They came from Arnold Park in Binghamton, New York, Valois Park in Montreal and countless backyard rinks in between.
Safe then to say that when the Toronto Marlies arrived at Ivor Wynne Stadium to practice for the AHL Outdoor Classic against the Hamilton Bulldogs it felt a bit like coming home.
The outdoor game, the first convened in Ontario, will be played Saturday. Puck drop is 1 p.m.
After conducting a brisk hour-long practice, Marlies coach Dallas Eakins was sitting in the stadium dressing room, an enclosure where you seem to be putting on airs if you hang your jacket on a hook instead of a nail.
“Today was fun,” he said. “It was cold and windy but there’s something about that sense memory. You think ‘I remember this feeling. I remember my toes being this cold and my hands freezing and you still didn’t want to come in.”
It was just minus three but a 40 km wind whipped off Lake Ontario.
Forecasters are calling for temperatures just a bit above freezing for the game. The winter wind, not the temperatures, will be the wild card.
Fair enough. If you are young enough or nostalgic enough to remember playing outside, you remember the wind, not the cold, as your real enemy. Wool mitts and a good skate can ward off the cold. The wind will have its way.
“It was a lot of fun but pretty cold,” said Mike Zigomanis, who learned the game on an outdoor rink his dad built in the backyard of the family home in Markham.
“We had a little park in Binghamton, it was called Arnold Park” said forward Jerry D’Amigo. “The firemen would flood it. The dads would shovel and all the kids would play.”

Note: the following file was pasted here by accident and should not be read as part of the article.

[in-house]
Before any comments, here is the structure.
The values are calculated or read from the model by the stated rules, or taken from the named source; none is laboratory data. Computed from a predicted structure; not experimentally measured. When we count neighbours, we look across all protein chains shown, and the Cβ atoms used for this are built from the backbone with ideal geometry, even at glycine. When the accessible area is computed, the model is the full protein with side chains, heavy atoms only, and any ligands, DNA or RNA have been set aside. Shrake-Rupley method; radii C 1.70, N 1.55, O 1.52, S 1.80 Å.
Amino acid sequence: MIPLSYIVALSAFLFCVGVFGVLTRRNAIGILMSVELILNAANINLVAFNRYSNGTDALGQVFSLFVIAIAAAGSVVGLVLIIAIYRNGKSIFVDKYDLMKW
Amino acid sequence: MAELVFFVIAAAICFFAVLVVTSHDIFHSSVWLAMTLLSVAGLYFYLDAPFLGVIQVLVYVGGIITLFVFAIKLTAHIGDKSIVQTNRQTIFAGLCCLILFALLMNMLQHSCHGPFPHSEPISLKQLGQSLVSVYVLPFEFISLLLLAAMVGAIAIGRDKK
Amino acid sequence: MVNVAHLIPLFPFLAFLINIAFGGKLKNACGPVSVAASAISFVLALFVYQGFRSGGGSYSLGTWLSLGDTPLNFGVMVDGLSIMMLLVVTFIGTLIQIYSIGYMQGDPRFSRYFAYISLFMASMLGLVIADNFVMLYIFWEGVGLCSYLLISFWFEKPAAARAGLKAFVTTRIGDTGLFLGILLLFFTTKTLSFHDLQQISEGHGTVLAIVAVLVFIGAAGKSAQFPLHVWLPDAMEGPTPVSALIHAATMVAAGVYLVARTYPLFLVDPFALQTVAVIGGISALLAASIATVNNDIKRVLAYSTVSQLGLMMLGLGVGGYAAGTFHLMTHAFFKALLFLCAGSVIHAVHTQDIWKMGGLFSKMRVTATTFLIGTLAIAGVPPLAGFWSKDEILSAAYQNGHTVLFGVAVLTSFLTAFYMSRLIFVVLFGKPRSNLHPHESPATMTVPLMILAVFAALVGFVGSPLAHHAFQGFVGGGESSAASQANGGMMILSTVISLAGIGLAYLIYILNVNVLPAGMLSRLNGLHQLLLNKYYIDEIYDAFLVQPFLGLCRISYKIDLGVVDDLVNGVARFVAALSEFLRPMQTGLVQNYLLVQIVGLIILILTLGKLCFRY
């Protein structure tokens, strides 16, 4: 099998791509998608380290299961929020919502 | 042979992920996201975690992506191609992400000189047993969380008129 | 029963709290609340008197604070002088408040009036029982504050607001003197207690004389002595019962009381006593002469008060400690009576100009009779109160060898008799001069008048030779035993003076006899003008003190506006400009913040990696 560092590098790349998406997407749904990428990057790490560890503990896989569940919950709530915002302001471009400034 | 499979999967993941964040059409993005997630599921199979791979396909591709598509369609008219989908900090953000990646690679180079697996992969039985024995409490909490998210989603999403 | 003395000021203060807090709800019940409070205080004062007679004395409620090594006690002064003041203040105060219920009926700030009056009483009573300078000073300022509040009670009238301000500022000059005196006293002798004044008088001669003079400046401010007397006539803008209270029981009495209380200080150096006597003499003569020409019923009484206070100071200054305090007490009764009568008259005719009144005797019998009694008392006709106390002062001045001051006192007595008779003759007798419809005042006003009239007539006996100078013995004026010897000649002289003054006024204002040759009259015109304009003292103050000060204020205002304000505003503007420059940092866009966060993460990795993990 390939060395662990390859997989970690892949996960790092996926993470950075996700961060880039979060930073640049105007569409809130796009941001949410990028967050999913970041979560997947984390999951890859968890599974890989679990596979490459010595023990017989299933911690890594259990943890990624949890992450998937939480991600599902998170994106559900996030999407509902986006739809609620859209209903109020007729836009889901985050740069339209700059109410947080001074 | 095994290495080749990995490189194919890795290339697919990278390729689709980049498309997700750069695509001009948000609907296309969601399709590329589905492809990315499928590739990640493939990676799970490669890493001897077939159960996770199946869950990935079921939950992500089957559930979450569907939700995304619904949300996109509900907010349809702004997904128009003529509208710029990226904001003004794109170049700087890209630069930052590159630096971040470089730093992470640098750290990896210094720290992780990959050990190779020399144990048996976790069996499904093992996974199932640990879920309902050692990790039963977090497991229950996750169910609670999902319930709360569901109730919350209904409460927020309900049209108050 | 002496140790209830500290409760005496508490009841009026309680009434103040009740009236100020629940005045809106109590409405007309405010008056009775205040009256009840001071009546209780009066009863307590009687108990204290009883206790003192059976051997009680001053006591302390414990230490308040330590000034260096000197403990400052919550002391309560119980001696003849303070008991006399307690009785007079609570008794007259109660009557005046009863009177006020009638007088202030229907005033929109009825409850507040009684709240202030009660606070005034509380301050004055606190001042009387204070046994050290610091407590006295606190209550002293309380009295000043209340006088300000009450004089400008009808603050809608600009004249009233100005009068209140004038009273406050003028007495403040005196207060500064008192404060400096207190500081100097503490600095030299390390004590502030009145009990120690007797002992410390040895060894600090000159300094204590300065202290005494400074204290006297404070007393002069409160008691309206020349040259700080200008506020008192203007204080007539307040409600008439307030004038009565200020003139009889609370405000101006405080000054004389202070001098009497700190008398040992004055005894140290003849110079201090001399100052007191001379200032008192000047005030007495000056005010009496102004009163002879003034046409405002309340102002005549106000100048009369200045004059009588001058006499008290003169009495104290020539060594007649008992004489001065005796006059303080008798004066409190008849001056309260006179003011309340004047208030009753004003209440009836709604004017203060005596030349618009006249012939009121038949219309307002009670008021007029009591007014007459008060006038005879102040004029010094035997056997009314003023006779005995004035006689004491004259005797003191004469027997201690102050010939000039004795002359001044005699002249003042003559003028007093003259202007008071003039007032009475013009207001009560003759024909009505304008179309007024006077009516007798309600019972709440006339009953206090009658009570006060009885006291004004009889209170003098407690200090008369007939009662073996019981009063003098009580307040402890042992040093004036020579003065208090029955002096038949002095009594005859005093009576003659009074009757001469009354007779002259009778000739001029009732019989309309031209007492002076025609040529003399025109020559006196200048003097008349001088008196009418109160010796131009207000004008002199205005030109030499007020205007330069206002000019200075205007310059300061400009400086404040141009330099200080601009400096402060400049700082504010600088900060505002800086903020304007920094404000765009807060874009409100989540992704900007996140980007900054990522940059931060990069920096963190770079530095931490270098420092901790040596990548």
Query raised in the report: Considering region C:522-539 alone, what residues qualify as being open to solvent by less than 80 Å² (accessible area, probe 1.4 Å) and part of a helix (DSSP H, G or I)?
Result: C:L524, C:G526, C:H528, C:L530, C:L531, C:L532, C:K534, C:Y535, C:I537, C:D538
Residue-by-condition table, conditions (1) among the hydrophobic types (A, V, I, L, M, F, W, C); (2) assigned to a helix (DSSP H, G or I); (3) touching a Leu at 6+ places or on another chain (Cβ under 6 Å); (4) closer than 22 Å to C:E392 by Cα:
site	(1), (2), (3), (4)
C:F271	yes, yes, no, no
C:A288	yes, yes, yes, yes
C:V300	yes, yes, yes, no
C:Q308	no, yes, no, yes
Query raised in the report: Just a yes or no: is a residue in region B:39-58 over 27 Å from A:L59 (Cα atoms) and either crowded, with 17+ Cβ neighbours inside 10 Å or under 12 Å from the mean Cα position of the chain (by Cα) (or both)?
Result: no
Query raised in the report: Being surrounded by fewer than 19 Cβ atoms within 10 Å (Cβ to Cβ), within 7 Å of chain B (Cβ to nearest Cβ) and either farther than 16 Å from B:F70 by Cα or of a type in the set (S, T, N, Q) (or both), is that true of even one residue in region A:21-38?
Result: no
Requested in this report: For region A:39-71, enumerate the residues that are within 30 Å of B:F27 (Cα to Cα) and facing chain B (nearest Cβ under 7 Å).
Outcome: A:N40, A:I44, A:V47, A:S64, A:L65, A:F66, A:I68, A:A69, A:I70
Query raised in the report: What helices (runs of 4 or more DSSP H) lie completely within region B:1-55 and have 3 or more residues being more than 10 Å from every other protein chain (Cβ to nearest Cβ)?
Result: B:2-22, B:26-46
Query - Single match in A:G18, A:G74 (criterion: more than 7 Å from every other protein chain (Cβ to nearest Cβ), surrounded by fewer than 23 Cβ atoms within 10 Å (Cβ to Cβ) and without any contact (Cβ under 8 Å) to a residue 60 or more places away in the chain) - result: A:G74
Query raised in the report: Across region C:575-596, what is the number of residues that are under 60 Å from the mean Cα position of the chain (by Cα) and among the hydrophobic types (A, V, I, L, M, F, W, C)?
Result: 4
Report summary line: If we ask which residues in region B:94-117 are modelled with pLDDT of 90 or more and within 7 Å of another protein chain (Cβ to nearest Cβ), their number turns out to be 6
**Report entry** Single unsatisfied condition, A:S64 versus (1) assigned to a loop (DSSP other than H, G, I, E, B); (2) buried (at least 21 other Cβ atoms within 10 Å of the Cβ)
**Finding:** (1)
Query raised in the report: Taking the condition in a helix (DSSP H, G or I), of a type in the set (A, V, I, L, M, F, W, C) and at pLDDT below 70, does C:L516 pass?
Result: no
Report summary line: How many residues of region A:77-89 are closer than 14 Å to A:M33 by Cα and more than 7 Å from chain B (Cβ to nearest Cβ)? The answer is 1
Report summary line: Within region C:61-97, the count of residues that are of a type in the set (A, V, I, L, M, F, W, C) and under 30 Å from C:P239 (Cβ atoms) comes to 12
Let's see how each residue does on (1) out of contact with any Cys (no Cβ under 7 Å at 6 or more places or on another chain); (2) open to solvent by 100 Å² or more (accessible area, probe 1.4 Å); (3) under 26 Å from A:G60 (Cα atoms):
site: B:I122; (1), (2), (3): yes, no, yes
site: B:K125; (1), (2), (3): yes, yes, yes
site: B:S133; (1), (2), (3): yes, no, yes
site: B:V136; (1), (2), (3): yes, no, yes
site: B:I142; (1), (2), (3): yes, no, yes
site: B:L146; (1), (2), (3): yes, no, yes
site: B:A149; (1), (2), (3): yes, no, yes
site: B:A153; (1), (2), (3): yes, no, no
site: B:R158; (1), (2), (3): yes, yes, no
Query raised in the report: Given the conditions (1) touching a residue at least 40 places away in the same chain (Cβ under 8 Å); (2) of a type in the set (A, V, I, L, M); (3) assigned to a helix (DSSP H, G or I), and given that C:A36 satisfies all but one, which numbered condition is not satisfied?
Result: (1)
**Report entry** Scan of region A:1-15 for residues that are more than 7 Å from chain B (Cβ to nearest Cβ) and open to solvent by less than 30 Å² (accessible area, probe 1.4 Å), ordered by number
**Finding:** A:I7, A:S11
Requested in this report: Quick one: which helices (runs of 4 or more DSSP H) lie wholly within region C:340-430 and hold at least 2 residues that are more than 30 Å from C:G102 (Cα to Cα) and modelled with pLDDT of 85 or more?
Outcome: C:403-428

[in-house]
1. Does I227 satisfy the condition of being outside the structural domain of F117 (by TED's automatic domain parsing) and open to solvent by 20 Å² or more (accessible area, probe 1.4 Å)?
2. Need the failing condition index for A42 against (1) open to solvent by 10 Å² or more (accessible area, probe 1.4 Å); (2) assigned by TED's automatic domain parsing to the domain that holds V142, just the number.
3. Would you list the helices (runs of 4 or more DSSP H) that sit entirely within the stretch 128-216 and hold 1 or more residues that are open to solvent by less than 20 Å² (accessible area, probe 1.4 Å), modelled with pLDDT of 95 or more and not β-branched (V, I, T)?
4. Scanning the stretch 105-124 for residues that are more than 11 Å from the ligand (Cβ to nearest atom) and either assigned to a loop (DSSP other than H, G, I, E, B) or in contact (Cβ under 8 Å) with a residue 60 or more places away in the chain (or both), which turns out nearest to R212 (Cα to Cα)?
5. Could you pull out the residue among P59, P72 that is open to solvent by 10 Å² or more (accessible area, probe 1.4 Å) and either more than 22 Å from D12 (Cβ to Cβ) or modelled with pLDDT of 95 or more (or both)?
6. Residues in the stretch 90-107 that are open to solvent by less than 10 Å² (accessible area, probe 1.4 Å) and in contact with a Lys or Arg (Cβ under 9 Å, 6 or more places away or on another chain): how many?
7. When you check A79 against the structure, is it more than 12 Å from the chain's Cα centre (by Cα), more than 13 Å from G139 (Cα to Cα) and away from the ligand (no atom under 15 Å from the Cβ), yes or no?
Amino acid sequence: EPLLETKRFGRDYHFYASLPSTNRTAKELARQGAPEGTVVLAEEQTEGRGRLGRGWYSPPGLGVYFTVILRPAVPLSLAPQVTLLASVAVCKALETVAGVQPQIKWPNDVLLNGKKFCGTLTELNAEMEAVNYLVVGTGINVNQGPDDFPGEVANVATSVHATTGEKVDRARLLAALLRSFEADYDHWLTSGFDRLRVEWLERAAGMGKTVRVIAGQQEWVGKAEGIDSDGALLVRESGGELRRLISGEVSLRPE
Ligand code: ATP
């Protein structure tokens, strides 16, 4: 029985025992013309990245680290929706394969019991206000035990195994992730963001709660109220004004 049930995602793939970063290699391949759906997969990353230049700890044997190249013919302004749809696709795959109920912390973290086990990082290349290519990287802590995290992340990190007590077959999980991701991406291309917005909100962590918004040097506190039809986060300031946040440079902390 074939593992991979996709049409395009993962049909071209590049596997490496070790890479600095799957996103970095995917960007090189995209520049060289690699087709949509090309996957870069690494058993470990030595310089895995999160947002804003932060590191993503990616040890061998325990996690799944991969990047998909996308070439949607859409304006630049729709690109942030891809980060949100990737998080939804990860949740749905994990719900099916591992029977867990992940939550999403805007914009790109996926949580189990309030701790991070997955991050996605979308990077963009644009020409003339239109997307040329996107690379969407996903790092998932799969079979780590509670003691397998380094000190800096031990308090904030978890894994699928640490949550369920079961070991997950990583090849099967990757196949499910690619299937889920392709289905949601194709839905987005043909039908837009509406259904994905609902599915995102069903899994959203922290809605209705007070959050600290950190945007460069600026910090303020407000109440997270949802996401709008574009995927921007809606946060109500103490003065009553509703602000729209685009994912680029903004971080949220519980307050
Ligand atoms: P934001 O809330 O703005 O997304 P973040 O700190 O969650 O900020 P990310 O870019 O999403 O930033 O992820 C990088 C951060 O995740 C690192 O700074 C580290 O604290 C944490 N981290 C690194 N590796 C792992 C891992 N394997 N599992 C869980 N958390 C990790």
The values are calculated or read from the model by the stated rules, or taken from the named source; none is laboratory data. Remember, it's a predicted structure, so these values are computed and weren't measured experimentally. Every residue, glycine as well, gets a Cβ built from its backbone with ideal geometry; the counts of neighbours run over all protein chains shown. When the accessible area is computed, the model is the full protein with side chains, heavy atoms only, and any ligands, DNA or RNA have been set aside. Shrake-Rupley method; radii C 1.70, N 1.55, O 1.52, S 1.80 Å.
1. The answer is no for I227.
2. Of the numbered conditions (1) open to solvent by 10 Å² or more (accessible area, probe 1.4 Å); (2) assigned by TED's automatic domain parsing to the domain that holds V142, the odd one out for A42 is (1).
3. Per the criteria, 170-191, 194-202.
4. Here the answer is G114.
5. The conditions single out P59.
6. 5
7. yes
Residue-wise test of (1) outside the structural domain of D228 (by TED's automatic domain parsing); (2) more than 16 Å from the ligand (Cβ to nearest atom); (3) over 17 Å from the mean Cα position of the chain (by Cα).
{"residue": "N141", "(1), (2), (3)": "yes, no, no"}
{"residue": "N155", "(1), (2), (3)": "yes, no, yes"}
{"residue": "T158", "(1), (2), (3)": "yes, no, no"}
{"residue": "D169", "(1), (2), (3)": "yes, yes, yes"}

“Valois Park,” said defenceman Drew Paris. “That’s where I played. You got used to the cold.”
Years playing indoors can make a man forget.
“We have thermal underwear on so my body is warm,” Paris said, “but I chose not to wear the hat under my helmet. Mistake. I’m wearing that at practice tomorrow I’ll tell you that right now.”
Eakins was seven when his family moved from Florida to Peterborough. At first they lived at his grandmother’s house on Swanson Street.
“When the winter came my Dad made the whole back yard into a skating rink. There was nothing but rink and like every Canadian kid, a chair came out on the ice that I pushed around.”
The Marlies sit in first place in the North Division but their margin over the Bulldogs has been whittled down to six points. The romantic in Eakins loves the conditions. The coach dislikes anything he can’t control. Naturally, that includes wind.
“Is it nice to play outside? Absolutely but this is about two points,” Eakins said. “I want the game to be just about the game but I also understand it’s the same for the Bulldogs.”